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Ask Science and Arts Magazine for Kids and Children

Ask Science and Arts Magazine for Kids and Children October 2016

Each themed issue of ASK invites newly independent readers to explore the world of science and ideas with topics that really appeal to kids: What makes wind? Where do colors come from? Were pirates real? Filled with lively, well-written articles, vivid graphics, activities, cartoons, and plenty of humor, ASK is science kids demand to read! Grades 3-5

Pays:
United States
Langue:
English
Éditeur:
Cricket Media, Inc.
Fréquence:
Monthly
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2 min.
nosy news

The Not-So-Itsy-Bitsy Spider How big do you think this spider is? Would you call it small? Or enormous? The answer might depend on how scared the spider makes you feel. Scientists in Israel recently asked people to look at photos of spiders and other bugs on a computer screen. For each image, they had to guess the critter’s real size. People with a major fear of spiders guessed the spiders were bigger than they actually were. They thought the spiders in the photos were larger than wasps, beetles, and even butterflies. So next time you see a huge spider, remember that fear can make things seem larger than they are—and to the spider, you’re the real giant. Picture This Need an excuse to doodle in class? Drawing a picture of something might help…

4 min.
magical monarchs

Last summer I picked a bouquet of swamp milkweed flowers to decorate my table. The next day, I noticed something creeping through the pink flowers. A tiny monarch caterpillar nibbled there! Bits of pink petals dropped to the table. I looked closely and found a second caterpillar hiding in the sea of pink. I decided to raise the caterpillars and watch them turn into butterflies. What’s going on inside the chrysalis? Even inside the caterpillar, adult butterfly parts, like wings and antennae, have started to grow, hidden underneath the skin. All the parts of an adult butterfly grow from tiny clumps of cells inside the caterpillar. Caterpillar parts break down and rearrange into new butterfly parts. The leaf-eating caterpillar’s big stomach (shown in red) shrinks—butterflies sip nectar, so they don’t need big guts. New…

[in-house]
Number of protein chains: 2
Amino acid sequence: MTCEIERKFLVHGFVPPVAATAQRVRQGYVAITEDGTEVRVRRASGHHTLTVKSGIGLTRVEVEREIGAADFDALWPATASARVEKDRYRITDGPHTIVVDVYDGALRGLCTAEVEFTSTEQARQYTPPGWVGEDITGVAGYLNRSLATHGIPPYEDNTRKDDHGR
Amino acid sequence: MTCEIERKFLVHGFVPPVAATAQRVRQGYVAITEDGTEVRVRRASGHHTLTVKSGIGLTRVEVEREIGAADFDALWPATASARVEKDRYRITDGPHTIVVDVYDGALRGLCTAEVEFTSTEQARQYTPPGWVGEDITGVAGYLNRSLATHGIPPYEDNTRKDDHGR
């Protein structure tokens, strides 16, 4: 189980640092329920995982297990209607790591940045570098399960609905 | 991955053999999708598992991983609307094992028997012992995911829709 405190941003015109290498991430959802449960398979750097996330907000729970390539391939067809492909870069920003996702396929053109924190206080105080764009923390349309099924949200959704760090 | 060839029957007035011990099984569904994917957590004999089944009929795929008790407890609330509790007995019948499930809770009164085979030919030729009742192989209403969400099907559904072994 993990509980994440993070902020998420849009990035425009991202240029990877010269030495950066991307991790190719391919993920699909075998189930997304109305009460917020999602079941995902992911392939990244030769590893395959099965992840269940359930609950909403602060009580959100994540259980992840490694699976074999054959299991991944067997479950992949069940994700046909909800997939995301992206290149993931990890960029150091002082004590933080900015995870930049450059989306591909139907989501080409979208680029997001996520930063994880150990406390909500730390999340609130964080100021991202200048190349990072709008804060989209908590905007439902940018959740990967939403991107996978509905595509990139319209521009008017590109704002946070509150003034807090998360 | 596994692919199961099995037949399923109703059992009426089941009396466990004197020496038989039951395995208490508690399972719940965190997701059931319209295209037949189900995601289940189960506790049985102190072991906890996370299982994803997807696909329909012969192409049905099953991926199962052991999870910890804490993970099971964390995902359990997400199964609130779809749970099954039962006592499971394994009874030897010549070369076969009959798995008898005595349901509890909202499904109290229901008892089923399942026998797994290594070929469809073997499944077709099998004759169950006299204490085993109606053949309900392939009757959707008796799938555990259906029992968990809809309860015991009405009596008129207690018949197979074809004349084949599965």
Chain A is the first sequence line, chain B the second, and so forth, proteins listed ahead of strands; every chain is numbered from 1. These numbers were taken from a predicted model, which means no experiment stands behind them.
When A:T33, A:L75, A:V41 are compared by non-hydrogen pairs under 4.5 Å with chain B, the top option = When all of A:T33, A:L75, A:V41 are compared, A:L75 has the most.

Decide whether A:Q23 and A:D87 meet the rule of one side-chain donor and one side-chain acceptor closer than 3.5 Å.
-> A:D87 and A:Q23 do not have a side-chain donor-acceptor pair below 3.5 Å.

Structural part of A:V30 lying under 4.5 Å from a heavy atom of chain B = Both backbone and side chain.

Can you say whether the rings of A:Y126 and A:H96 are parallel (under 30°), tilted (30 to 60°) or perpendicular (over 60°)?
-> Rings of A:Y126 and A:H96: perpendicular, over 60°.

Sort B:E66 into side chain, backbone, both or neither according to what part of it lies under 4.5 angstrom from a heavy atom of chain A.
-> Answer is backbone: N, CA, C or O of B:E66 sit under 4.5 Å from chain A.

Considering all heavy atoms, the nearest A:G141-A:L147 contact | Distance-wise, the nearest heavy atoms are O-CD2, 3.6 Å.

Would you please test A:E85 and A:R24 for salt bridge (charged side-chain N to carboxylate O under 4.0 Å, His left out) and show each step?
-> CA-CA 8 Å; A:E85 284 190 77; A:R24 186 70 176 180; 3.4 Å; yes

3 min.
one dark and stormy night... the journey of an eel

Meet the Eel Although it looks like a snake, the eel lives in the water and is a fish. Its body is long, thin, and smooth. One fin runs along its back and around the tip of its tail. A female freshwater eel grows about 3 feet (1 m) long, while a male is about half that size. Eels hide in the mud all day and come out at night. The freshwater eel is a fish that makes two remarkable journeys, one at the beginning of its life and one at the end. It is born in the ocean, lives its adult life in a freshwater stream, then returns to the ocean. While moving from one part of the world to another, it changes its shape—not once or even twice, but five…

2 min.
a whole new me!

Metamorphosis is a Greek word meaning “to change shape.” Unlike mammals and reptiles, which just get bigger as they grow up, many insect and amphibians change shape completely. Today we ask some of these metamorphs—why do they do it? When I was a nymph, I lived underwater and ate lots, so I needed strong jaws and claws and lots of guts. But as an adult, I want to fly around to mate and lay eggs. That takes a very different body. The solution? Change! Changing shape helps us avoid food fights. Young salamanders live in the water and eat insect larvae and tadpoles. But grown-up salamanders prefer crickets and worms. Since adults and kids eat different stuff, the kids don’t have to worry that we’ll steal their lunch. Sam Salamander I started out as…

1 min.
monster man

Alan Maxson is an actor who plays monsters and creatures in movies. In real life, his head doesn’t look like a warty potato. So how did it get that way? Here’s how makeup artist George Troester transformed Alan into a creepy elf. 1 First, George covers Alan’s head with a goopy mix of plaster and alginate, from seaweed, to make a mold. Air holes let Alan breathe. 2 From the mold, George makes a cement model of Alan’s head. He adds clay to shape it into a monster. He makes a mold of that, then fills it with latex to make a rubbery whole-head mask. 3 When the mask is painted and dry, Alan puts it on and glues the edges to his skin. He adds fake teeth and colored contact lenses to…

4 min.
dinosaur deceivers

Everyone can recognize a Triceratops, with its three horns and massive bony frill. An adult Triceratops could grow 10 feet (3 m) high and weigh as much as a school bus. But what did a baby Triceratops look like? It may seem crazy, but until just a few years ago, nobody knew! No fossil baby bones had been found—so scientists could only guess. Oh, Baby! In 1997, fossil hunter Harley Garbani found the first baby Triceratops. He packed up the little bones and sent them to paleontologist Mark Goodwin. But when Goodwin put the pieces together, he was in for a surprise. The skull looked nothing like an adult’s! This baby was as cute as a button. It had a short face with big eyes, knobby bumps in place of horns, and…